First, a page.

Three distinct views were offered on the issue of single-use plastics that was recently returned to the forefront by the Trudeau Government.
MP Blake Richards believes banning single-use plastic products won't get to the root of the problem. Mayor Jeff Genung favours a national ban on single-use plastic bags and straws. Local advocate Jade Janzen says the town shouldn't wait and move now on banning the bags and straws.
The Trudeau Government announced its ambition to have a nationwide single-use ban in place as early as 2021 where feasible. It intends to take additional unspecified approaches to reducing pollution from plastic products and packaging.
Whether or not the government follows through or even remains in power, Mitford student Jade Janzen says the time for Cochrane to act is now.
"It might not happen, so I will still be pushing for Cochrane to ban plastic single-use plastic bags and straws," says Janzen.
"In my opinion, I think it would be better for Cochrane to ban single-use plastic bags and straws first so people can get used to it before it is banned federally."
Even though we are landlocked, she says microplastics are impacting our environment, pointing to a study completed on the Bow River by Dr. Laura Coristine.
"There are microplastics in the Bow River," says Janzen. "This issue isn't just about the ocean or coastal towns and cities. Plastic affects us everywhere, even if we're landlocked."
Through her "Lives with Less Plastic" lobby, Janzen has been pushing the cause here. It hasn't simply been a case of lobbying council and local businesses. She has an ongoing educational component and she has taken some grassroots initiatives.
Among those efforts are locating t-shirts reusable bags crafted by Janzen and a fellow Mitford leadership student at Two Pharmacy for people to borrow. The Mitford school donated the t-shirts, teacher Scott Roen provided the stand and Reid Kimmett helped make it possible at the pharmacy.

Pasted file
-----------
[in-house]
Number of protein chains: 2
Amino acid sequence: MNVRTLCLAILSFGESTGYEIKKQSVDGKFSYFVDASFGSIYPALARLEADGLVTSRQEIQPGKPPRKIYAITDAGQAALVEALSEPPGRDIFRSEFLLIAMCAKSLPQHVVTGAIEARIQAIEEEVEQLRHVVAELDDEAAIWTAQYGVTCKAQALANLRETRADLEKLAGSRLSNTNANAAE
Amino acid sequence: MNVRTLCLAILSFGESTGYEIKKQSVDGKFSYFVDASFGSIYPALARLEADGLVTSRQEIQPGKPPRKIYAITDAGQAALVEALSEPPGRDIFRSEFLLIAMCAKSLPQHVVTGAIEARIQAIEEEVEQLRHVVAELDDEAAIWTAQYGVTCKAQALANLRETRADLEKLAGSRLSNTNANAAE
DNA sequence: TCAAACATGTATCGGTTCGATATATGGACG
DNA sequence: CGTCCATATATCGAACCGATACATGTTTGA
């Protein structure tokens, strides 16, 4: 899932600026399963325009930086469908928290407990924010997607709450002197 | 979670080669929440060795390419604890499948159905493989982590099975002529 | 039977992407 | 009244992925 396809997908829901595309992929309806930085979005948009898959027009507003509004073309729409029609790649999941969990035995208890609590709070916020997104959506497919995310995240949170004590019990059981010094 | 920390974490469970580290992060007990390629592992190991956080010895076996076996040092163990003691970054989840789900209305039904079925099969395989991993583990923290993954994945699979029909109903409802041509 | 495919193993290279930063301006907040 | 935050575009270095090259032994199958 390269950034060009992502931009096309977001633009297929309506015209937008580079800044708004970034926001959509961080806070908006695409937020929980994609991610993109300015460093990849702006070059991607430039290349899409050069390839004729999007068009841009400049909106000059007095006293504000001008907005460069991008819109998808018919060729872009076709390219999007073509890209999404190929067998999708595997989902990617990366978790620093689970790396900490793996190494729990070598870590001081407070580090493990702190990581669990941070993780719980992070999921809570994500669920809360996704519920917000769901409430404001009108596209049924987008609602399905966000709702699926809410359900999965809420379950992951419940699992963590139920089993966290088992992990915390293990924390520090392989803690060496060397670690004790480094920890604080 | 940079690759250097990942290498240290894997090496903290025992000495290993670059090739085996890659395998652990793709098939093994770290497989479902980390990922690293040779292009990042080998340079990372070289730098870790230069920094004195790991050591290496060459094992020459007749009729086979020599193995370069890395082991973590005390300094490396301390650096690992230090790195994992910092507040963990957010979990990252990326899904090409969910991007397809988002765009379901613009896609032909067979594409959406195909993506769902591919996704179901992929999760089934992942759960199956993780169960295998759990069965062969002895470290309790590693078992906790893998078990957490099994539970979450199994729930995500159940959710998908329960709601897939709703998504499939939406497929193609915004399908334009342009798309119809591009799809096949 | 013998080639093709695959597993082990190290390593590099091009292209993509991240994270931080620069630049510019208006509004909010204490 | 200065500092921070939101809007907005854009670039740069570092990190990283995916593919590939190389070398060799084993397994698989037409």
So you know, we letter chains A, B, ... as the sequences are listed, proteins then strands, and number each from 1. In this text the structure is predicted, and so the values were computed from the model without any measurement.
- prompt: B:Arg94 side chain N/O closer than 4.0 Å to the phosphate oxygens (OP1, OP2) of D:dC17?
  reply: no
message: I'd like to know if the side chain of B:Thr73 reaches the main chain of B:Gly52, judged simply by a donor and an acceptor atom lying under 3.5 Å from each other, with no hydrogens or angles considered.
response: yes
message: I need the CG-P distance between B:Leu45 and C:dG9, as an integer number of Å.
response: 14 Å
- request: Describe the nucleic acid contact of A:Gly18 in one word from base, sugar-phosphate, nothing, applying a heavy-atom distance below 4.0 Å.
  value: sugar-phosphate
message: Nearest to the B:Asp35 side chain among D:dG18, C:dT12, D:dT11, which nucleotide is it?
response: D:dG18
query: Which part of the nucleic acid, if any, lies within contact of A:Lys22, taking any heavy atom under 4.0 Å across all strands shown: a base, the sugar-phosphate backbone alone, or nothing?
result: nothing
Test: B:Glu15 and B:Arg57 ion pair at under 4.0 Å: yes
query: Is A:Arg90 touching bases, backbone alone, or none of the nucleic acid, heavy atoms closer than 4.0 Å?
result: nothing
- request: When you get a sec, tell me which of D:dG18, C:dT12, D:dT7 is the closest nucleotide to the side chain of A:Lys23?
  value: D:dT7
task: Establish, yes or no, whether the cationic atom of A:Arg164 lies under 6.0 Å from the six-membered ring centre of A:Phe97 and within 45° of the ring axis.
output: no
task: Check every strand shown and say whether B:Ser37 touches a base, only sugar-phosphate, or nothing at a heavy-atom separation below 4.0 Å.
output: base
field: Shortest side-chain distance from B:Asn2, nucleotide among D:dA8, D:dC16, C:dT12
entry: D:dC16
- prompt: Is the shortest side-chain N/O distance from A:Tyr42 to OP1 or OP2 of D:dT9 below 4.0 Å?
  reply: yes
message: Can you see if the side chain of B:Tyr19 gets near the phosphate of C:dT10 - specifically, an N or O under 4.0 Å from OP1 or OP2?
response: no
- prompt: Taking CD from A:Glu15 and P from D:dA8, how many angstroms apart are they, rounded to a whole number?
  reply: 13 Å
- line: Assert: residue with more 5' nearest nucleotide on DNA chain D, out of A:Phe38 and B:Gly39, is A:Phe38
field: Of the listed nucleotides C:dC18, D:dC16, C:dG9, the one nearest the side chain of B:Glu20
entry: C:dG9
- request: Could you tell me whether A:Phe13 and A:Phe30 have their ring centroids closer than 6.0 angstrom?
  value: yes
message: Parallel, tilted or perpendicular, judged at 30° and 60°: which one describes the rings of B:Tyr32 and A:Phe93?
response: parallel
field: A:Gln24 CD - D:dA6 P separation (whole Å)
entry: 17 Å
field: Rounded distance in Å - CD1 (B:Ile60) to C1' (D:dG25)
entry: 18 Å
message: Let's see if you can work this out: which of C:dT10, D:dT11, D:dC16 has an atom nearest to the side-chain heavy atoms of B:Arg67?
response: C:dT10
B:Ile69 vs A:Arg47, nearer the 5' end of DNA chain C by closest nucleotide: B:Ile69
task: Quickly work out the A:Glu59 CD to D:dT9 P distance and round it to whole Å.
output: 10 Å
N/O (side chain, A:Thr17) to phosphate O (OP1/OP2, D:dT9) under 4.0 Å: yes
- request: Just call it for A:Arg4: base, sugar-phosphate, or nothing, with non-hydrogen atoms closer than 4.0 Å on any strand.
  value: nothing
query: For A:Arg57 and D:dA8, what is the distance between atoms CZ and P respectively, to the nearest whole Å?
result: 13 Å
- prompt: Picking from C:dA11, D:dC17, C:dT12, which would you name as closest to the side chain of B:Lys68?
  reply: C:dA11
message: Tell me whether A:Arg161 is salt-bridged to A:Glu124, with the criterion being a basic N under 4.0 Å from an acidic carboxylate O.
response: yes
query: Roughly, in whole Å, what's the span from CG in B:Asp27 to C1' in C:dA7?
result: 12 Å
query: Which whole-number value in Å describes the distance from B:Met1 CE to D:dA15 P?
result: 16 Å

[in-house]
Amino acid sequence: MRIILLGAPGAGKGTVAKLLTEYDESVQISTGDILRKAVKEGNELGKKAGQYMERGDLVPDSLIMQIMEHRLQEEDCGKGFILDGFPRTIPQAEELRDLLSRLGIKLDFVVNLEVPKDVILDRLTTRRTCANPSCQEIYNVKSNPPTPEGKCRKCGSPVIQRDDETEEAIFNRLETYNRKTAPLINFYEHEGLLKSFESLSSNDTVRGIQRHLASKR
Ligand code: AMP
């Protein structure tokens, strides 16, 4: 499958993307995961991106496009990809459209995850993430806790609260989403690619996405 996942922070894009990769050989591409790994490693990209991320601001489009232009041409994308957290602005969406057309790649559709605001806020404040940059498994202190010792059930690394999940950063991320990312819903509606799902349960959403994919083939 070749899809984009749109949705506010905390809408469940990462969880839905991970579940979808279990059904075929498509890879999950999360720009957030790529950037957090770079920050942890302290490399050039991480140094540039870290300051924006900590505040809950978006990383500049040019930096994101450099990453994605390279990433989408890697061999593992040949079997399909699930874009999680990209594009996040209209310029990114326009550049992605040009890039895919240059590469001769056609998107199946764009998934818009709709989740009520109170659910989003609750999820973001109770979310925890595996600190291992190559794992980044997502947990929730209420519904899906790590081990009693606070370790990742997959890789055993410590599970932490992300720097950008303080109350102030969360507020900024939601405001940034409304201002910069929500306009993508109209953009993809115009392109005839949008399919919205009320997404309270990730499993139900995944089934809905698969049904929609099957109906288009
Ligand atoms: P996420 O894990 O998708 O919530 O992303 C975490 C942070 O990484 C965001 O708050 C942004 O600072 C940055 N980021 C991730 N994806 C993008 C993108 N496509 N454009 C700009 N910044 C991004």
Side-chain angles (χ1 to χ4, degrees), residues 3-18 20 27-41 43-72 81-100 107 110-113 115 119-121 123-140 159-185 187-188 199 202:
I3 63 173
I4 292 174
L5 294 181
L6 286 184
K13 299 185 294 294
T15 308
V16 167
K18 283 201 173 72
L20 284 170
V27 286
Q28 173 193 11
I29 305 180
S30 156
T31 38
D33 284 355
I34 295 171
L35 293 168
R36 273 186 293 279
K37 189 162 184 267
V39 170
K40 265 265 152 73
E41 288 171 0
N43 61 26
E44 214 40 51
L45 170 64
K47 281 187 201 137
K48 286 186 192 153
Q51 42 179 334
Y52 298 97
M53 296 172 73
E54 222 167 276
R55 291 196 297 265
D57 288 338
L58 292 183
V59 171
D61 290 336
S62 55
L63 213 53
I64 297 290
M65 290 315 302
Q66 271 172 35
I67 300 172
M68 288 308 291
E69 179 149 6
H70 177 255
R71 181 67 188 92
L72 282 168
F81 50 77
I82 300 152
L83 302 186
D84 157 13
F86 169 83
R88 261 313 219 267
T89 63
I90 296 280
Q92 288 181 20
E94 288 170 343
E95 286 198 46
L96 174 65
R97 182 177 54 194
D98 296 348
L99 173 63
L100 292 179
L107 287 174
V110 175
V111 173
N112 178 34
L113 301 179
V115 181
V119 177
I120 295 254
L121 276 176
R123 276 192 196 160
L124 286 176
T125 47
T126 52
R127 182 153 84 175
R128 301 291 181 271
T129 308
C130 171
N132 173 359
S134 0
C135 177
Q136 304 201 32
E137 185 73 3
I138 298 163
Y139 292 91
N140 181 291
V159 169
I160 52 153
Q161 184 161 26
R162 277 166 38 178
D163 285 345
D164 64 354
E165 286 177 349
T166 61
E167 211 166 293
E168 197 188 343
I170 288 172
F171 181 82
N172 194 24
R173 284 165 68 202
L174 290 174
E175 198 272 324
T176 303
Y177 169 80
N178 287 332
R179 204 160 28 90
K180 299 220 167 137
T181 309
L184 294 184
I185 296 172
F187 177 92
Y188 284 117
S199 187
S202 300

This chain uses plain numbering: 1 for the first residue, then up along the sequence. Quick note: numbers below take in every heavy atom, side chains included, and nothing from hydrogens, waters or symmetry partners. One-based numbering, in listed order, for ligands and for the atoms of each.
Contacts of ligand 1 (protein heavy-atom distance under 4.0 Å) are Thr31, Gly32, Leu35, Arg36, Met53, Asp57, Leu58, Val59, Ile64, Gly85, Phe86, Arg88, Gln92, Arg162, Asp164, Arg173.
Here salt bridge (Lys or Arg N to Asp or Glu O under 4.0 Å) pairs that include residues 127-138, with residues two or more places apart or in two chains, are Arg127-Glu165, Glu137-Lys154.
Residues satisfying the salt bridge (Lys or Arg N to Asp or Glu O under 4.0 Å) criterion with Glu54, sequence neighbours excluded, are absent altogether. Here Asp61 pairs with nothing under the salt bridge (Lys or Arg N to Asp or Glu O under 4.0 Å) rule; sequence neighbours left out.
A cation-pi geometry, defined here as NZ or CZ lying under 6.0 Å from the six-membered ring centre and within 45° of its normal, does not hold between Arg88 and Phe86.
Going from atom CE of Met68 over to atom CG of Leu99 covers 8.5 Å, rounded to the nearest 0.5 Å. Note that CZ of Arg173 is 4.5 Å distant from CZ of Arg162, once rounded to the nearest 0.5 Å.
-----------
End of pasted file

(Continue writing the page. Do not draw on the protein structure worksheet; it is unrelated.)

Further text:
She has also made numerous presentations to Cochrane elementary and middle school students and this spring spoke at an Inside Education conference in Canmore.
She has an online petition and regularly updates her Facebook Page "Liveswithlessplastic."
Mayor Jeff Genung says he was pleased to see the federal government position itself for a national ban because it makes more sense.
"My feeling is we could have an impact as a municipality, but to really have an impact on the environment, doing it as a nation has much more weight."
"My hope is it is something that is unilateral so it will be consistent from municipality-to-municipality and province-to-province so one province wouldn't have an advantage or a differential over another and likewise with communities."
Genung says he has heard from a number of students on the issue.
"I've been getting a few letters and emails from students like Jade with a similar message and push."
He says the town is currently in a holding pattern on the issue that Janzen brought to town council on Oct. 22, 2018.
Banff-Airdrie MP Blake Richards says what the Trudeau Government has suggested is unrealistic, especially the timelines. He says he's already heard concerns from medical professionals who use several single-use plastics. He also points out many First Nations do not have clean drinking water and heavily use single-use plastics.
"I don't believe we're anywhere near being able to move to that spot," says Richards.
He believes Canada should first tackle the major issue of ensuring the recyclables we sort are actually being recycled. He says reports indicated up to 90 per cent of recyclables aren't.
"Wouldn't the better solution be to try and address what is the problem is there? How do we make sure what we think we're recycling is actually being recycled? If we improve our outcome there it would be a huge step forward and maybe we wouldn't have to look at this type of venture in the first place."
Yet he doesn't discourage people from reducing their use of single plastics and says he makes this a personal practice. He is also encouraged by restaurants and retail businesses taking measures.
"Anything that encourages this is a good thing, whether that be on the individual level or on the community level. We should all be trying to do our part on that but at the end of the day if our big problem is that a lot of our recyclables actually aren't being recycled, I think that's probably where government at all levels could have a far bigger on the situation by finding ways to address those problems."